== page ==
Feminism and its many waves


Women’s rights slogan (pixabay/B0red)

Ayelet Bernstein

Though the controversiality of feminism, and the growing divide between its many branches, is undeniable, feminism, for all its flaws, is the backbone of progression in our society. When searching “Feminism” on “Google search,” the automatic Oxford English Dictionary Definition that appears simplifies the concept into “The advocacy of women’s rights on the basis of the equality of the sexes,” but delving in deeper, you discover that this is merely one of the many definitions surrounding the popularized term. The Merriam Webster dictionary, for instance, breaks down the definition into two, very telling, distinctive parts: “ the theory of the political, economic, and social equality of the sexes” and “organized activity on behalf of women’s rights and interests.” This breakdown gives us a little more perspective.

What pops into your head when you hear the word feminism? For some, it is the fight “to abolish patriarchy by challenging existing social norms and institutions, rather than through a purely political process.” This, in reality, is merely the definition of “radical feminism,” a one-sided take on a multifaceted ideology. Feminism comes in waves brought about by social and economic changes and societal progression (or lack thereof). This movement has developed over time, and has developed many branches as it has moved from history to the present.  

The first wave of feminism began in the fight for women’s suffrage. Women had little to no access to education, property rights, voting rights, or economic autonomy. This movement, beginning in the 19th century, was started with a specific goal; the acquiring and mandating of women’s rights. The movement had a particular focus on voting rights for women. After the establishment of the 19th amendment, ratified in 1920, the movement was disbanded and replaced by organizations such as “The League of Women Voters and National Women’s Party.”

The second wave came at the precipice of war.“The Vietnam War and the Civil Rights movement as well as older women’s dissatisfaction with domestic restrictions and workplace discrimination” caused an uproar of rioting protesters, rallying against unfair treatment of minorities and gender inequality. Unlike the first-wave suffragettes, “the movement during the 1970s (the second wave) benefitted from the involvement of far more organizations, encompassing a broad spectrum of political beliefs and ideologies.”

Feminism has encompassed many social and political activist interest groups in its ultimate fight for equality, but its ultimate focus, at the moment, has been women and their rights. “The third wave was made possible by the greater economic and professional power and status achieved by women of the second wave.” This opened up opportunities for “third-wavers” to focus on gender identity, sexuality, intersectionality and other more modernly political agendas. Third wave sub-movements such as transfeminism, postmodern feminism and intersectional feminism, are some of the many new facets of modern feminism. Transfeminism and many other sub-movements “move away from viewing sexism as an overly simplistic, unilateral form of oppression, where men are the oppressors and women are the oppressed, end of story.” These movements cite the many forms of sexism that occur in our society, such as heterosexism (where heterosexual people are viewed as more legitimate than homosexual people), monosexism (where people who are exclusively attracted to members of a single sex are viewed as more legitimate than bisexual [people] or pansexual [people])… and so on.” Using the overarching term “sexism” makes assumptions about people’s lives that are not ours to make. Under that same umbrella, intersectionality focuses on the intricacies of gender statistics based on race and religion rather than solely gender.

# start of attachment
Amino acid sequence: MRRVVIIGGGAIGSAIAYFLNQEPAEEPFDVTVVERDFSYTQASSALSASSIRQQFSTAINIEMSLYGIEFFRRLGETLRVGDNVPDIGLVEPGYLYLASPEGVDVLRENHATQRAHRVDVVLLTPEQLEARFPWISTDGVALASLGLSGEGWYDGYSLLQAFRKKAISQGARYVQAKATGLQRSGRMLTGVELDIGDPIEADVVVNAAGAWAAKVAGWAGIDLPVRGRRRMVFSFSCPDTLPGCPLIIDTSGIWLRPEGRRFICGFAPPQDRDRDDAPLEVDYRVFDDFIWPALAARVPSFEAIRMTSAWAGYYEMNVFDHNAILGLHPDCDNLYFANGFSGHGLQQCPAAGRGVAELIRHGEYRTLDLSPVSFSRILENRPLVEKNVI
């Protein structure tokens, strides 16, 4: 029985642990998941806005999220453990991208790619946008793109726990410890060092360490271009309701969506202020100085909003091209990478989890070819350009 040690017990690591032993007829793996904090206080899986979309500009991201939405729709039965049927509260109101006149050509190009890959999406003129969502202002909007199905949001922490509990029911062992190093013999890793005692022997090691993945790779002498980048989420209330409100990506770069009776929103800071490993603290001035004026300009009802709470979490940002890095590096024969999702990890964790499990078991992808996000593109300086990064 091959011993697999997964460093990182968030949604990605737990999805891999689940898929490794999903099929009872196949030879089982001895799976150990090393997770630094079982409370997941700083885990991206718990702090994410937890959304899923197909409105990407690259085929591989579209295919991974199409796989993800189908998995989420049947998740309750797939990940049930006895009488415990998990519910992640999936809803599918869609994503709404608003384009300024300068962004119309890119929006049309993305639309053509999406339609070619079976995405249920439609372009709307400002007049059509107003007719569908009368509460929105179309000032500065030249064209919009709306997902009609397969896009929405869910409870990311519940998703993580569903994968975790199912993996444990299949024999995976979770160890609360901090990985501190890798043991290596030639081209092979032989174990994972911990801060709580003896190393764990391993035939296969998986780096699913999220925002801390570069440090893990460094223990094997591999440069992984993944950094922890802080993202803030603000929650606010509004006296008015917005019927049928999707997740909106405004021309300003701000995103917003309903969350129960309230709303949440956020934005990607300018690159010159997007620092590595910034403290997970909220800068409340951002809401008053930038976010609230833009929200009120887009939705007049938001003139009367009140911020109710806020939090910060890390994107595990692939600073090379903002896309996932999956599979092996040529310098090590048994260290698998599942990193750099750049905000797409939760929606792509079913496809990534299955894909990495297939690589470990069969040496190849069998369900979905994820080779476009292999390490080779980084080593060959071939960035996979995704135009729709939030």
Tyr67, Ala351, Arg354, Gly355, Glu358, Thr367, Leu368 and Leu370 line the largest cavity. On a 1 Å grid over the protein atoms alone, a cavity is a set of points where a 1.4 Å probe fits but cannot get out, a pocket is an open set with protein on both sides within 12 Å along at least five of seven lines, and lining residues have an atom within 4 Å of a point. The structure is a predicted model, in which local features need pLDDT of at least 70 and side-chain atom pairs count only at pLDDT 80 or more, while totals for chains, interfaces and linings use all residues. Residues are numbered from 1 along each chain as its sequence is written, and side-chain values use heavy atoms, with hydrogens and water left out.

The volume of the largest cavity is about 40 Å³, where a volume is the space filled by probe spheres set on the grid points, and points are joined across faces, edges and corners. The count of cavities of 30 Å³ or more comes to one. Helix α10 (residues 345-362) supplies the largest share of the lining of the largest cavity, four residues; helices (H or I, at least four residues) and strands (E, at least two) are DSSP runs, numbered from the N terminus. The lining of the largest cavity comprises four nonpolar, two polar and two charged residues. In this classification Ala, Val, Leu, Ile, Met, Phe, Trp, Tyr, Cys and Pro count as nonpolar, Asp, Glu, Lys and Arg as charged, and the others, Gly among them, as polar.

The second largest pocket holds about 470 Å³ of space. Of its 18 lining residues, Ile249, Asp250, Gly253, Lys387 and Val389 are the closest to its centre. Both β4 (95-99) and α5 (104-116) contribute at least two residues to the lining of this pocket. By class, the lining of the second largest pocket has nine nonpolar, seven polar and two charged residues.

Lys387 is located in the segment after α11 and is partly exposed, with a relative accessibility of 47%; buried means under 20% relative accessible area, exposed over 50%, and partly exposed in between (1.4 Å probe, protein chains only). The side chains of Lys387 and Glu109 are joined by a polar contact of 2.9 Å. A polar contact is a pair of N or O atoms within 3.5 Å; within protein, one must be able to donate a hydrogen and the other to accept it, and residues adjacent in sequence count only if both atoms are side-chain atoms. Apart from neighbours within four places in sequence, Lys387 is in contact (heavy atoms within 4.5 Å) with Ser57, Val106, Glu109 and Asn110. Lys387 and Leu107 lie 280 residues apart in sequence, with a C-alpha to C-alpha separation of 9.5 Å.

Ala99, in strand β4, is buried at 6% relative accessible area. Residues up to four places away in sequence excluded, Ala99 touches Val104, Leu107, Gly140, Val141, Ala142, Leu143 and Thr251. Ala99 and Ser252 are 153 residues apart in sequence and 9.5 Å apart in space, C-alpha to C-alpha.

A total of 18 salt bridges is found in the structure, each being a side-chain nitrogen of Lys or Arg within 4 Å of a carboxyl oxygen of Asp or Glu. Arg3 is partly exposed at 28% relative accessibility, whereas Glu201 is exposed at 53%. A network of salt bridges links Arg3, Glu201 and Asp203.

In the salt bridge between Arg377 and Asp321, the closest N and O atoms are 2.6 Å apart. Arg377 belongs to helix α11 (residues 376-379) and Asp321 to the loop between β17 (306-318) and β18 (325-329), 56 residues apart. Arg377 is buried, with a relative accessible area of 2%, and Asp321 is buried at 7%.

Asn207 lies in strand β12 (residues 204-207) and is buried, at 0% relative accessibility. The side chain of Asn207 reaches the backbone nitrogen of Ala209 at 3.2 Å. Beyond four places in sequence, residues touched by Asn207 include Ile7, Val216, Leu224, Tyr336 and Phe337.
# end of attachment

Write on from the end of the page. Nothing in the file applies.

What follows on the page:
For instance, the “78 cents to a man’s dollar”, which seems to be the popular statistic to quote, is not entirely accurate. When looking at said statistic through an intersectional lense, you see that it only applies to White women in America. Asian American women make 90 cents to a dollar, while Hispanic and Latina women only make 54. The break down below helps map out the importance of a broad intersectional lense when making certain claims.

These new sub-movements and many others are slowly changing the definition of being a feminist, and yet many people cite radical feminism as the only form in existence. Being a feminist does not mean you hate men and it also does not make you a women; it makes you a believer in the equality of all genders with regard to race, religion and sexuality. In other words, it makes you a humanist.

UPDATED 11/22/17 for punctuation and capitalization.